In the ninth minute of the men’s soccer team’s nationally televised home game against Creighton last week, senior defender Mark Linnville perfectly executed one of Princeton’s most important assets: the long throw-in. His driven toss from the sideline sailed into the box, grazing the head of sophomore forward Cameron Porter before sophomore midfielder Myles McGinley slotted the loose ball into the back of the net, giving Princeton an early lead.
That goal marked just one of many such chances created this season by Linnville’s unique ability, allowing the team to create dangerous scoring opportunities from any throw-in in the attacking third of the field.
“He has the ability to pick out targets in the box and is very accurate with his throws,” head coach Jim Barlow ’91 said. “A lot of teams have a long throw, but Mark’s is probably the most dangerous we have seen in that it’s a line drive and can find a target with good accuracy.”
The women’s soccer team is also lucky to have a player who can consistently find the box with long throw-ins. Sophomore forward Liana Cornacchio’s lengthy toss in the team’s Ivy League opener against Yale on Sept. 22 gave the Tigers an overtime victory. After climbing back from an early 1-0 deficit to force overtime, Princeton emerged victorious when Cornacchio’s throw was mistakenly headed into the back of the net by a Yale defender.
“We got a little bit of luck with the own goal,” senior defender Alison Nabatoff told the Daily Princetonian after the game. “But Liana has a really dangerous throw-in — you never know what is going to happen. She can throw it all the way into the box.”
Surprisingly, neither Linnville nor Cornacchio can remember precisely how or when they first acquired this talent.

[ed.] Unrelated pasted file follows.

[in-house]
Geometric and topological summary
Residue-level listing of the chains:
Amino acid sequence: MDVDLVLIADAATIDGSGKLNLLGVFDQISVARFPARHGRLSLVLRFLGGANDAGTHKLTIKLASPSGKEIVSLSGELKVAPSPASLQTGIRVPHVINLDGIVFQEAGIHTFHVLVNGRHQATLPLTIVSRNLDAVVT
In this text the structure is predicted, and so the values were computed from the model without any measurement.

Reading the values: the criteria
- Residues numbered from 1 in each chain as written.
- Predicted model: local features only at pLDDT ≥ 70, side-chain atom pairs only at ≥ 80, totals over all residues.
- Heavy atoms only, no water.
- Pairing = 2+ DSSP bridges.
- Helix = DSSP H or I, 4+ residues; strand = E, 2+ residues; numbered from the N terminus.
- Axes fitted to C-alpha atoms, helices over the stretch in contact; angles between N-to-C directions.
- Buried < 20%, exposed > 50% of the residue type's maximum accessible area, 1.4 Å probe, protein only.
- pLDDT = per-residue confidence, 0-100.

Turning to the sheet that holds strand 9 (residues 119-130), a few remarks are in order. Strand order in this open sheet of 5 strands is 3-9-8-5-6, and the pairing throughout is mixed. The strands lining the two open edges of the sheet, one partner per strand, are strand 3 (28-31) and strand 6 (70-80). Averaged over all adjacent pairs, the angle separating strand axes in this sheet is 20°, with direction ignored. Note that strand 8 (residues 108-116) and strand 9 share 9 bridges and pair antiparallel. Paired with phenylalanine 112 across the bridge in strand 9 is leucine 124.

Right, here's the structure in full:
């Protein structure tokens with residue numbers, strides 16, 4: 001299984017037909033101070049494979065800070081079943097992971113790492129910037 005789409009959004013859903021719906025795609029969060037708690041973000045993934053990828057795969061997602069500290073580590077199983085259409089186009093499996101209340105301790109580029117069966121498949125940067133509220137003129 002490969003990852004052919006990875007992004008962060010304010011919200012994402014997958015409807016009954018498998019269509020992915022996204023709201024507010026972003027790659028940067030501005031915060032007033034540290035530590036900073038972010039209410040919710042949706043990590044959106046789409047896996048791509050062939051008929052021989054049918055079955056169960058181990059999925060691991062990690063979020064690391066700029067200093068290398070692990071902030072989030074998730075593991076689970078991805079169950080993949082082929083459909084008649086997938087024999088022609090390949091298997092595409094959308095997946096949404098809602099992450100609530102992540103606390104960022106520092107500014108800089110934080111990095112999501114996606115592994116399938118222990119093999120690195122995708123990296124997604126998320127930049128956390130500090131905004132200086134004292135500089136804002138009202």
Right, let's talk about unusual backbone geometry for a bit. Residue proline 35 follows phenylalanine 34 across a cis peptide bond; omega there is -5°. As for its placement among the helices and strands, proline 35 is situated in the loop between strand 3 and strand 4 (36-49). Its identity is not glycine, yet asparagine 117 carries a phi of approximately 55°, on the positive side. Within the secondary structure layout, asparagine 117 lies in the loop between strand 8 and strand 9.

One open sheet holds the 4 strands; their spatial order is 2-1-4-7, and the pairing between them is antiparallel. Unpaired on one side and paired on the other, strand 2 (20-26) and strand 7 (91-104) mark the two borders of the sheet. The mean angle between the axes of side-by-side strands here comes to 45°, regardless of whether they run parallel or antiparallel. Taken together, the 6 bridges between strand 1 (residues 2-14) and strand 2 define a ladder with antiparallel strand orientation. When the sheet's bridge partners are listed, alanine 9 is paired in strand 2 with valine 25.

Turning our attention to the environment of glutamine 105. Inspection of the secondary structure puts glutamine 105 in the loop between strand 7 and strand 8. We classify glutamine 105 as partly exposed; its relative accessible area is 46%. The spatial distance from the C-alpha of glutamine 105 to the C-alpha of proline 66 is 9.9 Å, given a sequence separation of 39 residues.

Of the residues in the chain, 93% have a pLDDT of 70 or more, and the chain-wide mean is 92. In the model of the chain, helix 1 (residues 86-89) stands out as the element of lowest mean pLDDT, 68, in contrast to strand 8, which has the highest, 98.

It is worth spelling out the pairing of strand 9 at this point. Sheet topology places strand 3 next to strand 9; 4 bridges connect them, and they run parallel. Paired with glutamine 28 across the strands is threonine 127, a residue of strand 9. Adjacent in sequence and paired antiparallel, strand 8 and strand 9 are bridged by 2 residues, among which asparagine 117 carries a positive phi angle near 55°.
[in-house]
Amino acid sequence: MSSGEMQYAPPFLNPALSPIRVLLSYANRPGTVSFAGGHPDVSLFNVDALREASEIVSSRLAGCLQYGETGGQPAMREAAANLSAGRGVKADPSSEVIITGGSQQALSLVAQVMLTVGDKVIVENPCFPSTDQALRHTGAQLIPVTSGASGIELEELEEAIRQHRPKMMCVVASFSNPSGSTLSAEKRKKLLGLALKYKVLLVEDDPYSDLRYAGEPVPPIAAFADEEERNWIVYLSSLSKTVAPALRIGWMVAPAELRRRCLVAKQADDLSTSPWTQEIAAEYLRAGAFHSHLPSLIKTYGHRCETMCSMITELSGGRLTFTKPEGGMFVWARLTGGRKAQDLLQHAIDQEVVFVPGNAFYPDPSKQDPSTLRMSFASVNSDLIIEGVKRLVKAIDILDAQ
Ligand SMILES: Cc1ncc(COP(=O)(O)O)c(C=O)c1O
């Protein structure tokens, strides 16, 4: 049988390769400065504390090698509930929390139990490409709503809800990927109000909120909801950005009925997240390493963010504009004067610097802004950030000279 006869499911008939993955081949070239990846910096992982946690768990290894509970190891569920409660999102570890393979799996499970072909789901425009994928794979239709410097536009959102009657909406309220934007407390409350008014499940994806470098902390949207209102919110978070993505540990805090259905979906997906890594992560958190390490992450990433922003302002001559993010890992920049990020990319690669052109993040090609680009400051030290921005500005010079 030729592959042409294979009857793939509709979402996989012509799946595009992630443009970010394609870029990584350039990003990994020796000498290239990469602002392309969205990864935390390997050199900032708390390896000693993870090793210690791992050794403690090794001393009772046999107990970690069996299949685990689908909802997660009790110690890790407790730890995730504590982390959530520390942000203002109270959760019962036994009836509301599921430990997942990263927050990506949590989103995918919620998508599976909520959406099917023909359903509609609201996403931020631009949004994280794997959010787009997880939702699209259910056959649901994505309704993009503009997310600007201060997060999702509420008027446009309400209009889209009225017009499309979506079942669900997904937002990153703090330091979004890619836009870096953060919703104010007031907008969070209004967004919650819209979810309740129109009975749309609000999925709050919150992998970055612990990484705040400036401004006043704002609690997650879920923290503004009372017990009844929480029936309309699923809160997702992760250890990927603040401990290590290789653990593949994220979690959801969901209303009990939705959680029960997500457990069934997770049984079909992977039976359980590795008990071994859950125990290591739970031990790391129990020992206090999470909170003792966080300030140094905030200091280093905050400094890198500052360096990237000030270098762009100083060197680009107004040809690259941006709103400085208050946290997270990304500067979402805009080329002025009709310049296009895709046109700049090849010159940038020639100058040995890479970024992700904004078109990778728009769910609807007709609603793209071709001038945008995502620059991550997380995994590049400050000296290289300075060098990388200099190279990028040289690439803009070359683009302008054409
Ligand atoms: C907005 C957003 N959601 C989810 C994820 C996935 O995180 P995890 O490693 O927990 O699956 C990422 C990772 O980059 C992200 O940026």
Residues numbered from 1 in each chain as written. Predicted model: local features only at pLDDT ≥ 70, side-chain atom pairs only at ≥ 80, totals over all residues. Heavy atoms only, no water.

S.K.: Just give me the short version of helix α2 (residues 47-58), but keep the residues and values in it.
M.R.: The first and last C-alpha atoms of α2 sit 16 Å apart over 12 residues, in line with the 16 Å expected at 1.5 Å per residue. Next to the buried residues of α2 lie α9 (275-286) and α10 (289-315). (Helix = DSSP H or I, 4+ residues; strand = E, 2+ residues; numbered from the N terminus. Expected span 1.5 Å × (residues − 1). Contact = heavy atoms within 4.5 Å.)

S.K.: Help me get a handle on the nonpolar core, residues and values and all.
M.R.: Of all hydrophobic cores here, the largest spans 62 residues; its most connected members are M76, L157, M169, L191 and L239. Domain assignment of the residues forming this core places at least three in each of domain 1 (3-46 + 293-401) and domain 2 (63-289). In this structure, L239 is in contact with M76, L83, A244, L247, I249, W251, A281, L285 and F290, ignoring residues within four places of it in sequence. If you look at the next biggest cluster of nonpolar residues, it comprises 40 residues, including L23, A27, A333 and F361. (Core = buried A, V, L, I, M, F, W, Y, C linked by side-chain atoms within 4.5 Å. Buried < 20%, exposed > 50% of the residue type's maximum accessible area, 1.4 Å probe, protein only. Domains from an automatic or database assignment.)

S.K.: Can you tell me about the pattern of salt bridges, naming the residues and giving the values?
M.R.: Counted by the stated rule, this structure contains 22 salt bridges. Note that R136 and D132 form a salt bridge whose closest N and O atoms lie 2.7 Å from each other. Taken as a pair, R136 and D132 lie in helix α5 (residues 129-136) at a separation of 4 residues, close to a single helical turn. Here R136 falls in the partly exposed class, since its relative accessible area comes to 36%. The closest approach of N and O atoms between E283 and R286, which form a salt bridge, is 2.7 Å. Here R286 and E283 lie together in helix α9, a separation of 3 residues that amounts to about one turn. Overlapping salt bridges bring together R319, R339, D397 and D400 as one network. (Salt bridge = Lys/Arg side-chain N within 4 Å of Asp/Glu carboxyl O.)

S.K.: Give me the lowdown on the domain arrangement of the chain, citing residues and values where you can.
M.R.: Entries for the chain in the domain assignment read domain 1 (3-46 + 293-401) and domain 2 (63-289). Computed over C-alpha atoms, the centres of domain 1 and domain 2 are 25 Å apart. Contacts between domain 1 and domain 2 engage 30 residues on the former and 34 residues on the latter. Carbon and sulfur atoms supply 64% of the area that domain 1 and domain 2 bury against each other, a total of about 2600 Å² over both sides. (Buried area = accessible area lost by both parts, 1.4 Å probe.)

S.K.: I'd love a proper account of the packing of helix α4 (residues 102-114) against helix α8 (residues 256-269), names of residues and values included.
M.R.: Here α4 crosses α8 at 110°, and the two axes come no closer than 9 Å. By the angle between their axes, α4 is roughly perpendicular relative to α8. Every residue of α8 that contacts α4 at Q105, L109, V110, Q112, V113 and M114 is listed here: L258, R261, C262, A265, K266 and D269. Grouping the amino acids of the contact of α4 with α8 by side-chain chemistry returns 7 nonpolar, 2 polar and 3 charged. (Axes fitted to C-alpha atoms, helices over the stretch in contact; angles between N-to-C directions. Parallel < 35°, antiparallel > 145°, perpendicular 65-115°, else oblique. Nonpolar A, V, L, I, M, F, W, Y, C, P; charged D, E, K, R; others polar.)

“I am not really sure how it first developed, but ever since I was in about seventh grade, I have been throwing the ball in for my team,” Linnville said.
Cornacchio agreed, saying that she has been able to do it ever since she started playing competitive soccer.
Furthermore, neither player ascribes to any specific training regimen in order to produce the deep throw-ins. Cornacchio, who swam competitively when she was younger, admits that she may have developed extra strength from that training. Still, besides some simple arm stretches before the game, both athletes seem to rely on a combination of innate ability and general soccer knowledge.
“I used to just chuck it in and see what could happen in there, whereas now, there is a bit more intelligence to the throw, as in trying to find [senior midfielder Matt] Sanner’s head or actually picking out a person when I am trying to throw it in,” Linnville said.
Both head coaches hailed the value of their players’ abilities. Women’s head coach Julie Shackford said she believes that Cornacchio’s ability distinguishes her from other throwers in the league.
“I do think a lot of teams have a long thrower, but I’m not sure players can drive the ball with the force she does,” Shackford said.
Barlow said that sometimes he even prefers a Linnville throw-in to a corner kick. “Lately we have been pretty dangerous on both corners and long throws,” he said. “But Mark’s throws have been so consistent, it is probably a little easier for the guys in the box to get on the end of the throw.”
With every toss capable of creating a scoring opportunity, the teams have been keen on taking advantage of every chance. Although neither team possesses specific throw-in plays, both focus on certain key elements. Shackford said her main focus is making sure that players get aggressive in the box.
Barlow said his team puts an emphasis on what comes after the initial throw. McGinley’s goal against Creighton came on the second touch after a long toss, as did Porter’s goal against Brown on Oct. 6.
“The key part is making sure the guys are ready for the flick-on or redirection, and we have been very dangerous with that part recently,” Barlow said.
Perhaps most importantly, long throw-ins can put a burden on the opposing team.
“It can be pretty devastating at times for the defense to do a good job defending and to knock the ball out of bounds, only to have it turn into a corner-like chance,” Linnville said. “I am sure it has to be annoying as a defender for the other team.”
Original URL: http://www.dailyprincetonian.com/2012/10/18/31562/